This is where a bit of cultural context is helpful. When a guest came in the host would always give them a kiss- where depended on the person’s status. Equals kissed each other on the cheek, just as we do today, a student or disciple would kiss the Rabbi’s hand, a servant would kiss the Master’s hand and a son his parent’s hands. If a person was really grateful for something they might kiss the person’s feet. Simon addressed Jesus as teacher so he should have kissed his hand, but he has offered no kiss at all. Water for foot washing was also expected. It might be provided for the guest to wash their own feet or a servant might do it, but Simon has provided neither. Oil for anointing, was usually olive oil, plentiful and cheap and used for all kinds of medicinal and ceremonial uses. Jesus, directing his remarks towards the woman, in order to highlight the honour she has done him, gently rebukes Simon by a series of comparisons. Simon gave him no water but the woman has washed his feet with her tears, and dried them with her hair, Simon gave him no kiss, but the woman has smothered his feet with her kisses, Simon doesn’t even provide cheap olive oil to anoint Jesus’ head but the woman has anointed his feet with perfumed ointment. Jesus is turning this all back on Simon. Simon has made judgements about the woman and about Jesus but suddenly it is him under the spotlight. And then Jesus explains this outpouring of love- no, it is not about sensuality, it is about deep gratitude. Her sins, which were many have been forgiven, hence she has shown great love.
Now, the really important thing that Jesus is trying to do here is to let everyone know that this woman has undergone a great change- she can be accepted now as part of the society because she has been forgiven, her slate has been wiped clean, so he says loudly, “your sins are forgiven”. He is not forgiving them then, he is reiterating what has already occurred between the woman and God, but the people around the table are offended and begin to wonder if he is committing blasphemy.
There is one more thing that we need to hear, “the one to whom little is forgiven, loves little.” This is directed at Simon who thinks that he has nothing to confess, his pride and arrogance not being apparent to him. He does not love with the extravagant love that the woman shows because he has not put himself in the way of that kind of forgiveness.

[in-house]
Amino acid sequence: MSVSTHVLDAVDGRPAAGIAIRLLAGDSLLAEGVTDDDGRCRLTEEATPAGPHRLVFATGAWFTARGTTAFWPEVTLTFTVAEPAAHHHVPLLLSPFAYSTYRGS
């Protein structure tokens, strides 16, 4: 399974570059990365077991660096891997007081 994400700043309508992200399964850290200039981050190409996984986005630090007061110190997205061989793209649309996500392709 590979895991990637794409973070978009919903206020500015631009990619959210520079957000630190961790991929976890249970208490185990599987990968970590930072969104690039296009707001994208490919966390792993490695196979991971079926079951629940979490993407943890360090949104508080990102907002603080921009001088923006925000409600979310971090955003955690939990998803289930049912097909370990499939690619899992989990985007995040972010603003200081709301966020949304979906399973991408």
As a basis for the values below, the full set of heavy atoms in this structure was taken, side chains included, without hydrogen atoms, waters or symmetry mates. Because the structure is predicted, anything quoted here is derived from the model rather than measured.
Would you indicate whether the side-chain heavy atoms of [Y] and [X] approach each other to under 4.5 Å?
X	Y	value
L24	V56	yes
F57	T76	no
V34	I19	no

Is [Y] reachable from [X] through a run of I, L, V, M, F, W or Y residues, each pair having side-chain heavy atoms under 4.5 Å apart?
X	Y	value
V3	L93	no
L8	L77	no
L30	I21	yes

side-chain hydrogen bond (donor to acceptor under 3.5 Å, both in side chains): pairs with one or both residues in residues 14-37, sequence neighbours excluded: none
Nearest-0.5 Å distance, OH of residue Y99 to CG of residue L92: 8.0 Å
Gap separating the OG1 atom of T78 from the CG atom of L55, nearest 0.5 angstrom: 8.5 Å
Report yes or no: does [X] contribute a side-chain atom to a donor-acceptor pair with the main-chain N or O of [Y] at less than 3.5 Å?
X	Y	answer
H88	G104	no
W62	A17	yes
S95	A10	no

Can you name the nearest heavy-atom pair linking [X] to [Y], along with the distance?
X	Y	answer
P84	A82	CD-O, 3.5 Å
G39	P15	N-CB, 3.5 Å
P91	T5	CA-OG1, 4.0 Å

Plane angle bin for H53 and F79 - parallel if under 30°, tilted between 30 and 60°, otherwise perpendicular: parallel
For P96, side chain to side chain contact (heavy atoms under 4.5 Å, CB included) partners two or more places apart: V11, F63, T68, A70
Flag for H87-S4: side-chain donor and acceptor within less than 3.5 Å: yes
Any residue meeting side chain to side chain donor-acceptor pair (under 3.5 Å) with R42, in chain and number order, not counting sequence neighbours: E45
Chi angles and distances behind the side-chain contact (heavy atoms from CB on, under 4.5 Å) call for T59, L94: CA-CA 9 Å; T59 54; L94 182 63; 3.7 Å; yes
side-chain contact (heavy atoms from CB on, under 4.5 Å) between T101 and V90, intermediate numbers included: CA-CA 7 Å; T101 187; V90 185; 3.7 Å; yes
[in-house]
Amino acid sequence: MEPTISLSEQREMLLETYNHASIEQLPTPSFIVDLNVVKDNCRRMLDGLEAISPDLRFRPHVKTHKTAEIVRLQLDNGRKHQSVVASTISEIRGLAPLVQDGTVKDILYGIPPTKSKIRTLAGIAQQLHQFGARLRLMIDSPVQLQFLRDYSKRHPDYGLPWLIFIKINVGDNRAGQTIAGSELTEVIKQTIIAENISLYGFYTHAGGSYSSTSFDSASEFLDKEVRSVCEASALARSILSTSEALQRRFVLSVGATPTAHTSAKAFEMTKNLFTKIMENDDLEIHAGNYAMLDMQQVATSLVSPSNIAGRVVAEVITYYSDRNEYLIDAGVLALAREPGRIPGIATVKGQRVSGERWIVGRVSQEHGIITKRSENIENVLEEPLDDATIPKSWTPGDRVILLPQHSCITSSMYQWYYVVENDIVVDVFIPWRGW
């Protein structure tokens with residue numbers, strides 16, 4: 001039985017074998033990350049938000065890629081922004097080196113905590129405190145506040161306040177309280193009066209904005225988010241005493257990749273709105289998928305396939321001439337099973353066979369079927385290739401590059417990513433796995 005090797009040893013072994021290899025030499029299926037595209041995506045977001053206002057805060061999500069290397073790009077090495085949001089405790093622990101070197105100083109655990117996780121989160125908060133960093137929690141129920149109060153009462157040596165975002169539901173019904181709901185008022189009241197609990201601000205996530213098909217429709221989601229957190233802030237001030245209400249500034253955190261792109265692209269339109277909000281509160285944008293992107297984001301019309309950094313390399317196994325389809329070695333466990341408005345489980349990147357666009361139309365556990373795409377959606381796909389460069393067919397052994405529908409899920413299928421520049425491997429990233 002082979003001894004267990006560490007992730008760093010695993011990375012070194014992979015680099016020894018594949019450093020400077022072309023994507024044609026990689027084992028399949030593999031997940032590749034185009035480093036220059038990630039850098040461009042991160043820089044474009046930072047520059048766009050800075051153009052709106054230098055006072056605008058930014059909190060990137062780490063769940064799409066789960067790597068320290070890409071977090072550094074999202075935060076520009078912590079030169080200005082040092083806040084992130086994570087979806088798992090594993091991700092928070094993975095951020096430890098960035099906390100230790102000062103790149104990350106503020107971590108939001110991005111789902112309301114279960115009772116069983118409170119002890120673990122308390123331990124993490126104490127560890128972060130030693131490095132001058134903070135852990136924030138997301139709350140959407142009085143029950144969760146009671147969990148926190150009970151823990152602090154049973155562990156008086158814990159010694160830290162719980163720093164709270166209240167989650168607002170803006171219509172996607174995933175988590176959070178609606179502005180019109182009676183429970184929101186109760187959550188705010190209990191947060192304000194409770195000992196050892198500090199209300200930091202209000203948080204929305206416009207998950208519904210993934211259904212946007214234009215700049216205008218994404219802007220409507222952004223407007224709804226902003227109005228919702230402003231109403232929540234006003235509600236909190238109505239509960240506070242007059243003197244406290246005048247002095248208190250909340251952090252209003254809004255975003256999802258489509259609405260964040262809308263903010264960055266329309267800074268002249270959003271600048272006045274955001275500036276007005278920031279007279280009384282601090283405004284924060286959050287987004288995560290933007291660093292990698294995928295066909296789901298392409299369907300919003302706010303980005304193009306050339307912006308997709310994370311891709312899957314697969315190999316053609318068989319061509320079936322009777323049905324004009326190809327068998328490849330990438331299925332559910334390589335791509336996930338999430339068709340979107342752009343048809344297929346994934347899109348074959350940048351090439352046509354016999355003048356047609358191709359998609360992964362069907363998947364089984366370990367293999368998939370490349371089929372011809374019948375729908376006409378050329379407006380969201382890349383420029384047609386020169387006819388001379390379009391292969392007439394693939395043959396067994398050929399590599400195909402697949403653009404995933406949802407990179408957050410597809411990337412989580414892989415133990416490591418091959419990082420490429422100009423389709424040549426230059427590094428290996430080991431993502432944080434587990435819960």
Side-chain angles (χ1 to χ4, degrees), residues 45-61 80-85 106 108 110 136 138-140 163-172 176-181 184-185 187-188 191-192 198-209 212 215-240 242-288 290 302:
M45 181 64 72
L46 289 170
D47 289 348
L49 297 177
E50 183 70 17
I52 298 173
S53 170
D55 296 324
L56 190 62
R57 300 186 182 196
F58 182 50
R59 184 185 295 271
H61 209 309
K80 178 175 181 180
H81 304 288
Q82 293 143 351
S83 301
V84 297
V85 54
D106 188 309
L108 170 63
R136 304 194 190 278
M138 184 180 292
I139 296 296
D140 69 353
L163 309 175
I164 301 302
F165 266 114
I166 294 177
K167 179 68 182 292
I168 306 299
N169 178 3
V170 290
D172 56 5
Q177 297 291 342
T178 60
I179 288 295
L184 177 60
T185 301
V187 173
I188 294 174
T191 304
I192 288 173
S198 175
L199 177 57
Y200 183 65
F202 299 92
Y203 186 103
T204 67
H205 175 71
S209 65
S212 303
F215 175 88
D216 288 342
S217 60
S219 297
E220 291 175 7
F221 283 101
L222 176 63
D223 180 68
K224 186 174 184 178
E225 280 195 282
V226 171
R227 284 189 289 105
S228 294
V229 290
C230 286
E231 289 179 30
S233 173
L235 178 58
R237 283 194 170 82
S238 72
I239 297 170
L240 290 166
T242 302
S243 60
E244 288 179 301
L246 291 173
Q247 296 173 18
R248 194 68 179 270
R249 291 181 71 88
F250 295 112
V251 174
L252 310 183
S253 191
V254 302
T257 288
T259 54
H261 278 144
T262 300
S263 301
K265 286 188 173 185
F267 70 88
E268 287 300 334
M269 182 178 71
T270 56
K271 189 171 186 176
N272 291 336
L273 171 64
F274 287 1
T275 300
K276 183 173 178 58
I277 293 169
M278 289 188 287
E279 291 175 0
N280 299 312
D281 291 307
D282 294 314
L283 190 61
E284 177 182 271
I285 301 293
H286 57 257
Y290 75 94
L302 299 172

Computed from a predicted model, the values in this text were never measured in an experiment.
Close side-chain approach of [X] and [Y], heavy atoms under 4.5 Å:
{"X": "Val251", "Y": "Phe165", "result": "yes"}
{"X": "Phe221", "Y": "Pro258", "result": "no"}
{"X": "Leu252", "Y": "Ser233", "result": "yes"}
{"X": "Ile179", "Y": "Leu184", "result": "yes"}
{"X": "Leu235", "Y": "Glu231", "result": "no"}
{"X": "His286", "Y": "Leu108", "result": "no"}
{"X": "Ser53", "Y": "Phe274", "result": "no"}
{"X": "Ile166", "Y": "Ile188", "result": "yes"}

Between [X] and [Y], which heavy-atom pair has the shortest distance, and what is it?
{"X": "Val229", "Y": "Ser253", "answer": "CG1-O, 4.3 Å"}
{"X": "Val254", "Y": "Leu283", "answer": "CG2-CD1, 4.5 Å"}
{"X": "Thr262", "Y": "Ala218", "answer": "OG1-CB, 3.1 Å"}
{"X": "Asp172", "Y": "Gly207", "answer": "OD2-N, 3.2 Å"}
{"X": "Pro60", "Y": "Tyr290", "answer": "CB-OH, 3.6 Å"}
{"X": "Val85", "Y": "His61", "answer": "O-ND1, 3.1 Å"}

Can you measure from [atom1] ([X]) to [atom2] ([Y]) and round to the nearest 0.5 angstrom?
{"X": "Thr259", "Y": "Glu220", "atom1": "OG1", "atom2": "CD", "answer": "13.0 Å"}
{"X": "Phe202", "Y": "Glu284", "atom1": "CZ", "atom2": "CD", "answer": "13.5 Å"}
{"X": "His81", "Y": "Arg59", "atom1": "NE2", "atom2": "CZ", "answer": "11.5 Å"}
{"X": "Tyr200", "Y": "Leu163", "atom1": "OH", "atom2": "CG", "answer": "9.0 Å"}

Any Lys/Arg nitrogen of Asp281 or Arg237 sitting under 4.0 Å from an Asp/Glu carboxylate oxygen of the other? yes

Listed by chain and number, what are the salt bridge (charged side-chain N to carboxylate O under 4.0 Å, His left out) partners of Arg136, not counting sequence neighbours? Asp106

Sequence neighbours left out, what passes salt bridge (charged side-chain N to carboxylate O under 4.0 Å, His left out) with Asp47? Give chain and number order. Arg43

Jesus dismisses the woman by confirming her salvation and sending her out in peace. All the way through this exchange Jesus has shown honour to the woman just as she has shown honour to him. She is female, therefore pretty worthless, and what’s more a “harlot”, to use the word that old translations favoured, and yet she is precious and honoured in God’s sight, as Isaiah said in Chapter 43. What a pity that Simon hasn’t recognized his own sinfulness and joined her in being forgiven. And that is the thing for all of us- we need to recognize our own failure to live as God wants us to. No matter how good we are, no matter if we think we are righteous, in fact we have failed to come up to God’s standards. Before God, however, we are not good or bad, we are forgiven or not forgiven, because we haven’t asked. But you know, Jesus cares just as much for Simon as he does for the woman- we must never forget that. Jesus wants Simon to repent, turn around and join Jesus in the life of faith. The woman’s faith has saved her, Simon can choose that too. And we face the same choice. In this confrontation with Jesus we can choose faith or we can choose to take offense. When we stand before Jesus we can choose to admit our failings and be forgiven or we can hang onto our self righteousness. We can choose how we relate to others as well. We can choose to judge people or we can choose to honour them. I said right at the beginning that this story is all about grace. Jesus offers us unconditional love, and free forgiveness. Jesus offers us a living and vibrant life with him, in him, through the power of the Holy Spirit and we have only to accept the forgiveness and turn to Jesus in love just as this woman does.